More lambs ramp up spring volatility

More lambs ramp up spring volatility


Sheep
MLA predict the spring flush of lambs will inevitably place downward pressure on the market, especially if large numbers of NSW and Victorian lambs collide in equal masses.

MLA predict the spring flush of lambs will inevitably place downward pressure on the market, especially if large numbers of NSW and Victorian lambs collide in equal masses.

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Mixed views about just how long lamb prices will remain high has been thrown another talking point early this week with the release of Meat and Livestock Australia’s Sheep Industry Projections July update.

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MIXED views about just how long lamb prices will remain high has been thrown another talking point early this week with the release of Meat and Livestock Australia’s Sheep Industry Projections July update.

A greater number of intended lamb sales during the coming months has led to MLA’s forecast for 2016 lamb slaughter being revised slightly higher, to 23 million head – which will become the fourth consecutive year with a record number of lambs processed.

At the same time, this would mean tighter supplies of lambs to be much more obvious in the first half of 2017, rather than the second half of this year.

The variability this could have on prices during spring and into summer has some producers exploring just when they should be aiming to finish their lambs for the best returns.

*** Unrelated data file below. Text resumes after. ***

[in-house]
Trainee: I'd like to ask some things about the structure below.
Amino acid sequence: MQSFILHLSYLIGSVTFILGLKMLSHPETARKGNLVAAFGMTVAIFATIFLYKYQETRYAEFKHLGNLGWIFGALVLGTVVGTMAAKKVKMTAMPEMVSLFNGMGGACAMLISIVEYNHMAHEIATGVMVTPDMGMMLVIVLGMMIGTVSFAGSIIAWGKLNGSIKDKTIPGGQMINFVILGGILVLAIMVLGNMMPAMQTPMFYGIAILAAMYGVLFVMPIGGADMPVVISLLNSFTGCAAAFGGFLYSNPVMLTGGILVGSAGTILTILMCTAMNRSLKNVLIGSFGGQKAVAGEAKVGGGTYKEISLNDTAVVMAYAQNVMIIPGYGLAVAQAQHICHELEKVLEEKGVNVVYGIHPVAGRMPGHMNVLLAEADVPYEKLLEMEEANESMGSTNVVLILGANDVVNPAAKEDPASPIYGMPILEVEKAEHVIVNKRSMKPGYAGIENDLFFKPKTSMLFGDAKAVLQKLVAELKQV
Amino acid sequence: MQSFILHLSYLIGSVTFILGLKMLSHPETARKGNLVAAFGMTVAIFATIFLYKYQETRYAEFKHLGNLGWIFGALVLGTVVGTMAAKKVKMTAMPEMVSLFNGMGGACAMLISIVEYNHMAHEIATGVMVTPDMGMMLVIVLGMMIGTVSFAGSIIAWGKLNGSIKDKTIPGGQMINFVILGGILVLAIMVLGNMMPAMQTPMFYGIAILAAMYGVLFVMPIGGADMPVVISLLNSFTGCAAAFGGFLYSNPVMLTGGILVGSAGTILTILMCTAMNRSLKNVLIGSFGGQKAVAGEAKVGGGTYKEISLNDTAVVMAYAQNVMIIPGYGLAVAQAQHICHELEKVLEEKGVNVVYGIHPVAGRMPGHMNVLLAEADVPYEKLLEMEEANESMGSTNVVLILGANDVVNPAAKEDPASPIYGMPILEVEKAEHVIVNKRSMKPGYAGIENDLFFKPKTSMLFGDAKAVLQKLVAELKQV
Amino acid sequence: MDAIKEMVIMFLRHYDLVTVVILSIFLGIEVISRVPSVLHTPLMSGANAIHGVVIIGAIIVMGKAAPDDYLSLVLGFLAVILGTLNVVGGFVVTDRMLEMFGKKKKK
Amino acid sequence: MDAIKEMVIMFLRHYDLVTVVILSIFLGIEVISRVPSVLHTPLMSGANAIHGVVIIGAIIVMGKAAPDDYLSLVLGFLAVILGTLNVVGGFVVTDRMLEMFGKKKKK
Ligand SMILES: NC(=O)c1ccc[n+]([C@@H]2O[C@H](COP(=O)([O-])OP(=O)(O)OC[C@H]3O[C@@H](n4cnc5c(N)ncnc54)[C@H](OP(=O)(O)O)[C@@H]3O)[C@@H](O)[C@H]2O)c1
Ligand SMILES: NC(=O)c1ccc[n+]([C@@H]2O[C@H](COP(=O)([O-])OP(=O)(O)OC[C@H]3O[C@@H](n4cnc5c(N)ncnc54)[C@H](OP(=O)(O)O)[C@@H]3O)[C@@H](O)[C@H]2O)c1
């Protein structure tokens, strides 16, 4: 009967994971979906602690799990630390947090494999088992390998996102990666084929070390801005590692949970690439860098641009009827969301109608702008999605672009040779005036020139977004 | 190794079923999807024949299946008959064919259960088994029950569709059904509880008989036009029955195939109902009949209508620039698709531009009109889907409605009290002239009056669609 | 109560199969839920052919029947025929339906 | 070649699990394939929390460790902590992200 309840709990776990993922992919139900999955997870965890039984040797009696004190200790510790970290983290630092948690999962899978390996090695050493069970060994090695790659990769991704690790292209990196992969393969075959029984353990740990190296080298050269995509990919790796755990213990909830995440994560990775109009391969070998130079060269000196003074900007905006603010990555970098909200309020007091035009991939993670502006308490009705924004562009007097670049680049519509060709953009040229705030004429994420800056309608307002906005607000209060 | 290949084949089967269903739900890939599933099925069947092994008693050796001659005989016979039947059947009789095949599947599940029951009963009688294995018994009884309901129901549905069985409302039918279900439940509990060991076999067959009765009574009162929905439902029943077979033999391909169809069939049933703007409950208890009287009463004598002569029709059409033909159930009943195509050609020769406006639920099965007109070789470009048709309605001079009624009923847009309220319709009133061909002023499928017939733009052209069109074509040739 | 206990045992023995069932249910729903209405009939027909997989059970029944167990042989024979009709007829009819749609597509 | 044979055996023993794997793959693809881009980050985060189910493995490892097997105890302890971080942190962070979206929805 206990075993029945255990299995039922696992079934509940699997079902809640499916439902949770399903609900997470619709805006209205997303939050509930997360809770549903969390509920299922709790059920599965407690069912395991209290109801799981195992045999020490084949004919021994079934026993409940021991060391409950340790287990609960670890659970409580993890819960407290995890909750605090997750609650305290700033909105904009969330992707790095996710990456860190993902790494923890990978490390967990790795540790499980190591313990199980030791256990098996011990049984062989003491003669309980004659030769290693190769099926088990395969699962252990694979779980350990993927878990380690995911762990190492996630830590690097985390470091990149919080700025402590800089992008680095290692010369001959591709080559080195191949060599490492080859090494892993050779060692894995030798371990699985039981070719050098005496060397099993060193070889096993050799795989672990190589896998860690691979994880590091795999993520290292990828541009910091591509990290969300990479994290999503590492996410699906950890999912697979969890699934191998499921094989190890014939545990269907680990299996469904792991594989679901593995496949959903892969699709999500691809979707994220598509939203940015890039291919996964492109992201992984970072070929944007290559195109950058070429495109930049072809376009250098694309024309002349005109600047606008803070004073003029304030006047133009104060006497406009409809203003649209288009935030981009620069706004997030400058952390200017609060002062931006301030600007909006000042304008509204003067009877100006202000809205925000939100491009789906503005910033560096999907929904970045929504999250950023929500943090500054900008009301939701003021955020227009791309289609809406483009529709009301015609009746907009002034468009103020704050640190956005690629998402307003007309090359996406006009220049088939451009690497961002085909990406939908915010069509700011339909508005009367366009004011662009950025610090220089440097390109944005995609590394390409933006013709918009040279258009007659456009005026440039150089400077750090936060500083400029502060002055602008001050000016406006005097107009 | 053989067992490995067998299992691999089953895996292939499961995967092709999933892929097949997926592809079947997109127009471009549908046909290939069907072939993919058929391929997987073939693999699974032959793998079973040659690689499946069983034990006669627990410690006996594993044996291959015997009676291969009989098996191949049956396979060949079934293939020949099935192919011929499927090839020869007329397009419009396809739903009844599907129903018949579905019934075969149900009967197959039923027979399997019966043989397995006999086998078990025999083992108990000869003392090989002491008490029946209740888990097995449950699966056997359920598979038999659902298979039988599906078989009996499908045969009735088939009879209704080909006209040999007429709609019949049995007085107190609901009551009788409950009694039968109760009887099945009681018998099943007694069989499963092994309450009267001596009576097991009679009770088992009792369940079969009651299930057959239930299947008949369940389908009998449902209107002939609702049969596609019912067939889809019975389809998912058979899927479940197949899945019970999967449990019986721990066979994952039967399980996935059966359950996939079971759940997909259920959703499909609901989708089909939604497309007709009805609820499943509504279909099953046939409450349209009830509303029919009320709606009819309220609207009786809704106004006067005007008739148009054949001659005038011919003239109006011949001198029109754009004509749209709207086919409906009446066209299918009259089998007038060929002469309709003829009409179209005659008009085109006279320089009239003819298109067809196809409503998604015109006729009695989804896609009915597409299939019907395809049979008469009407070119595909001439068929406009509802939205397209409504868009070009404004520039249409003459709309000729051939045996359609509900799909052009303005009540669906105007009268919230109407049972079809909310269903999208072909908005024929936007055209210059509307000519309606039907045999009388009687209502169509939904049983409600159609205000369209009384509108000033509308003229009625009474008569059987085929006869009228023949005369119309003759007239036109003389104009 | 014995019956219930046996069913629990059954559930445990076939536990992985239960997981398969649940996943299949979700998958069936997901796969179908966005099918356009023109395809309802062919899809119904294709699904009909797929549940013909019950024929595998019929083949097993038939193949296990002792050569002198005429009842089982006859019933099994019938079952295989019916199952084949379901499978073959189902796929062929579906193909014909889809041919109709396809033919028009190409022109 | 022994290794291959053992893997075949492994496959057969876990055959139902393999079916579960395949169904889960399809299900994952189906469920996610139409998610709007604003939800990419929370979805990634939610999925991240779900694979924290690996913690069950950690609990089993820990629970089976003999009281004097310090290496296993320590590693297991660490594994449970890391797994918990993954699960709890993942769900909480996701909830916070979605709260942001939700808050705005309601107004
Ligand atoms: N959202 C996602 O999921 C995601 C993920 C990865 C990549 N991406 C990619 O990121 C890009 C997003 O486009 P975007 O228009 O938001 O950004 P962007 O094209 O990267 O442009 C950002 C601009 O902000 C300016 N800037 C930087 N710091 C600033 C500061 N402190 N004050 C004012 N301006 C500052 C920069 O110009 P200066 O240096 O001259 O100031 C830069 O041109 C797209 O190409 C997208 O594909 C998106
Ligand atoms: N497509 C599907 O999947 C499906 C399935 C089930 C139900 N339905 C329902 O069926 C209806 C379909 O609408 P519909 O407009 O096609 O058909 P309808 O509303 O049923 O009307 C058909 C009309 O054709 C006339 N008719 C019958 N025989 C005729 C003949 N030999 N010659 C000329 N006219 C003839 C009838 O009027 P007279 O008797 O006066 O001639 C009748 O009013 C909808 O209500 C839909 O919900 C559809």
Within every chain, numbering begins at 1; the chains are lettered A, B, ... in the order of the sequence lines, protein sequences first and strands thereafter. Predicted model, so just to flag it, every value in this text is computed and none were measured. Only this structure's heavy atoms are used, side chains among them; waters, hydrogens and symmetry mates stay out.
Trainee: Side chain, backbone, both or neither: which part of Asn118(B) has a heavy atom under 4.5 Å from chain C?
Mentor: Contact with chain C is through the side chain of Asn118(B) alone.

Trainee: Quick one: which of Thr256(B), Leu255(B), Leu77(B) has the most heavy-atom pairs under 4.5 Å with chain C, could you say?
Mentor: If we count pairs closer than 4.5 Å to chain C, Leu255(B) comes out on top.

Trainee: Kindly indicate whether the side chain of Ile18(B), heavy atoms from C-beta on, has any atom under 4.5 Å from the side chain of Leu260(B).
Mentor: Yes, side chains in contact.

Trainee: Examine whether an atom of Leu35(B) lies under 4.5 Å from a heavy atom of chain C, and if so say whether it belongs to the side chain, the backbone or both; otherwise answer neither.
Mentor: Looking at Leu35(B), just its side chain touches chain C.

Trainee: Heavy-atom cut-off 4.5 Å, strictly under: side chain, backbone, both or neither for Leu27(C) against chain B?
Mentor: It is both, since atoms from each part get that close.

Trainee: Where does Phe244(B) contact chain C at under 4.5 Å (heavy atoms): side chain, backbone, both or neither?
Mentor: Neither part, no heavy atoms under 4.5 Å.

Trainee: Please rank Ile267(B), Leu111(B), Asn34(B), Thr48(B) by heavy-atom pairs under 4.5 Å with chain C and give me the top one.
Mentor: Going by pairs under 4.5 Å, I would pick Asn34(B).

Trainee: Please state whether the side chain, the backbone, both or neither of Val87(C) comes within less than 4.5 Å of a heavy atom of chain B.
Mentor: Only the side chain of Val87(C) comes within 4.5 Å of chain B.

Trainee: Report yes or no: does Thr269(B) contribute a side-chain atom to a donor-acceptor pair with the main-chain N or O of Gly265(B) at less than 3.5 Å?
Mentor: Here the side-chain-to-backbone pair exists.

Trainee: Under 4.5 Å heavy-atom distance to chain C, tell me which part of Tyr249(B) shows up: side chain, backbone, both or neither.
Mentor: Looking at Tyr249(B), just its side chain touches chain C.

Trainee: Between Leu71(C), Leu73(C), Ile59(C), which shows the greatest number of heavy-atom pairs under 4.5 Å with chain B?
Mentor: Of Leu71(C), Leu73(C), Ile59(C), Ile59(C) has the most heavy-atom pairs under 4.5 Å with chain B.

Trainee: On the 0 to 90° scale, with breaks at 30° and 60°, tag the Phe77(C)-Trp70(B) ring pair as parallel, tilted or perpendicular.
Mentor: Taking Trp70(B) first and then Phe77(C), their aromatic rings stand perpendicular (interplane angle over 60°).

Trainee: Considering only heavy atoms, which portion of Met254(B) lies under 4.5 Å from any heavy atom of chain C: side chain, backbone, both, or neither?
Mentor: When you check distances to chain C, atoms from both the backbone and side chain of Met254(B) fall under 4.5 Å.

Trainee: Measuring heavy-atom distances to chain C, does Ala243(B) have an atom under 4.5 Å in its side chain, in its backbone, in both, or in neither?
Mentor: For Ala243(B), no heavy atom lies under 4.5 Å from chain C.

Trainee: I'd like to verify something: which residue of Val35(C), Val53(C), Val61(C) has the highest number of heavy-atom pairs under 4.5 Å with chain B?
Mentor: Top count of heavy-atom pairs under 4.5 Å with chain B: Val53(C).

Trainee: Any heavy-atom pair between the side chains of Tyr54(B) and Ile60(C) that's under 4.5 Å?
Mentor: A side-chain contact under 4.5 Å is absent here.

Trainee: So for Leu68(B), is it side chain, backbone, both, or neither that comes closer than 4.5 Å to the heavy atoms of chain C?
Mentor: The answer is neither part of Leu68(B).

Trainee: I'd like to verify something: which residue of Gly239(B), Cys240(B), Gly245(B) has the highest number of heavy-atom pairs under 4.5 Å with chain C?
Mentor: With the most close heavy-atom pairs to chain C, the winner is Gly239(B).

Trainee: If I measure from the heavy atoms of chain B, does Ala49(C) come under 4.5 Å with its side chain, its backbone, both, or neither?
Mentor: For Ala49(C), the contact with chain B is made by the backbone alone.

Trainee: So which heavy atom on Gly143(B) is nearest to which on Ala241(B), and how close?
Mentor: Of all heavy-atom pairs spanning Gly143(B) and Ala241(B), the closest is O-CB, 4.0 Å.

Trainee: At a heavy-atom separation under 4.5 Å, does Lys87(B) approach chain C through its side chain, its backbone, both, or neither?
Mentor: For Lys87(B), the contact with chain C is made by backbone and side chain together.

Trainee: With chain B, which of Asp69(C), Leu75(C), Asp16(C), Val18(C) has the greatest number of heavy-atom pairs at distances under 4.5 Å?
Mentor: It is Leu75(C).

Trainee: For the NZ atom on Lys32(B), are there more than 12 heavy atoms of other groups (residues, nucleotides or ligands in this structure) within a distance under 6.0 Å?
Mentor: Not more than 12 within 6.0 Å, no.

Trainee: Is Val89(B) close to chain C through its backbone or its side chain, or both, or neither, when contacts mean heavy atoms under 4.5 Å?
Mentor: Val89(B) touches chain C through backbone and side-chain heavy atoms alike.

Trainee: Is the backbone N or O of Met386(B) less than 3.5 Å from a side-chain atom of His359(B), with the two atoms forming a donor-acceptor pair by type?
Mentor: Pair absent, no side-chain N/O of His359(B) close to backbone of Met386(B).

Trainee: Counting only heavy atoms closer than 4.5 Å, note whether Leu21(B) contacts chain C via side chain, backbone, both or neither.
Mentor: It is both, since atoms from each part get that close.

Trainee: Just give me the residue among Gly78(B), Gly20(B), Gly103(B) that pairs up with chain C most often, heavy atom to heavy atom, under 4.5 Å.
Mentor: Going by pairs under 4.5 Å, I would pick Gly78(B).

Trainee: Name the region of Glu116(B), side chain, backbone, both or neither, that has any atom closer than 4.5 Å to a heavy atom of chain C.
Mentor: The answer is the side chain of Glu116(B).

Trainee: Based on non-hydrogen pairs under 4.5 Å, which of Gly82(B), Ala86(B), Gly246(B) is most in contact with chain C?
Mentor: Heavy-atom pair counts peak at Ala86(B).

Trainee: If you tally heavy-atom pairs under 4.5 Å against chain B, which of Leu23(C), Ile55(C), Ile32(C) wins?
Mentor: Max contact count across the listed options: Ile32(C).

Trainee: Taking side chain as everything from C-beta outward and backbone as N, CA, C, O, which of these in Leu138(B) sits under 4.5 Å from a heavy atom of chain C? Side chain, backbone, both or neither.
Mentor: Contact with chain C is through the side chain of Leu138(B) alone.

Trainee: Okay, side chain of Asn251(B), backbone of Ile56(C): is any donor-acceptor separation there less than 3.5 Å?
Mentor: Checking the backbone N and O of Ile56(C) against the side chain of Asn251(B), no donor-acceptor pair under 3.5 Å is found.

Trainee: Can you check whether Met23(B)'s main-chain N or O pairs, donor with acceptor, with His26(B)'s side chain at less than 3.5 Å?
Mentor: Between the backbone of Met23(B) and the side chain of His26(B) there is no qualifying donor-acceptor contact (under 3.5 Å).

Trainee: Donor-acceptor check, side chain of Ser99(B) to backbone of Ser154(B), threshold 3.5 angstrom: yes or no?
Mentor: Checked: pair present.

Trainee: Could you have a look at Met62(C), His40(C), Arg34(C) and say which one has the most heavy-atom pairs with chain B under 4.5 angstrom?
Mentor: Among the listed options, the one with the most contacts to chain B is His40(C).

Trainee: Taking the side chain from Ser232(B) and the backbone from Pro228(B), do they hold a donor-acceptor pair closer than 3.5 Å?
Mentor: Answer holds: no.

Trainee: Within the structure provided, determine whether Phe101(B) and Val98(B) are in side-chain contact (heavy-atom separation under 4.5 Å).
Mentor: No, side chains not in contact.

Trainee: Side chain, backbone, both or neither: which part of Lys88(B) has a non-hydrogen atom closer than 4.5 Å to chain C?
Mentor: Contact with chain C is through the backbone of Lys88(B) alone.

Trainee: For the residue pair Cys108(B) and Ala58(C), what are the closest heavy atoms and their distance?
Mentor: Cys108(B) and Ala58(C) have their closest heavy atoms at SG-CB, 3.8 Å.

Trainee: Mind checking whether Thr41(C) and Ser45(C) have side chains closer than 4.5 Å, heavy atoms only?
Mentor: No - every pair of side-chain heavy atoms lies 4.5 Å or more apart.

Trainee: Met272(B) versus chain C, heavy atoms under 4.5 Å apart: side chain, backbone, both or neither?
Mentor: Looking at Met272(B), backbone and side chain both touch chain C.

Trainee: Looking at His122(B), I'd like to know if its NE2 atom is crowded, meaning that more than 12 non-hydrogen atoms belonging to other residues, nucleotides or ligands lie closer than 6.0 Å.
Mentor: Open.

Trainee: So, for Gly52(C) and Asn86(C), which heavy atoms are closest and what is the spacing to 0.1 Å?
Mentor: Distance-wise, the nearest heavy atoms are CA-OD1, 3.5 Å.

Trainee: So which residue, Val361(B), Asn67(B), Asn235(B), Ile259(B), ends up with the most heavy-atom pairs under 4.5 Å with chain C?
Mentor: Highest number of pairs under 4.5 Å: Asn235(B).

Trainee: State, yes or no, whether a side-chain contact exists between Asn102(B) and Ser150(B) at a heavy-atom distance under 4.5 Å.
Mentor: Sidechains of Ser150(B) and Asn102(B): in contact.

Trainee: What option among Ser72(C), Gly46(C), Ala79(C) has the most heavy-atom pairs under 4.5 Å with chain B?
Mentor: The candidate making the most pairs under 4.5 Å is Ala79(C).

Mecardo analyst Angus Brown reported earlier this month that providing spring rainfall was somewhere around or above average, and feed was plentiful, holding lambs through October and into November would be profitable. 

“Those prepared to load lambs around Christmas will be rewarded for their efforts, and it makes economic sense to hold those couple of extra weeks,” he said.

MLA market information manager Ben Thomas said lamb prices edged higher during May and June on the back of a late autumn break.

“The momentum carried through to July and at the mid-point of the month, the trade lamb indicator was up nine per cent year-on-year and 13pc compared to 2014, at 627c/kg cwt,” he said.

But he said being able to sustain these prices would largely be dictated by the number of lambs that come onto the market and at what point during the spring flush.

“During 2014, the influx of lambs came early, and the national indicator prices retreated from July, falling to 450c/kg by September, while in 2015, the decline didn't come until the beginning of September, and bottomed out in the middle of October,” Mr Thomas explained.

Considering the widespread rainfall, and likely favourable spring, he suggested the lamb market may follow a similar pattern to 2015, with lambs likely to be turned off at a slightly younger age but similar weights as a result of anticipated abundant feed conditions.

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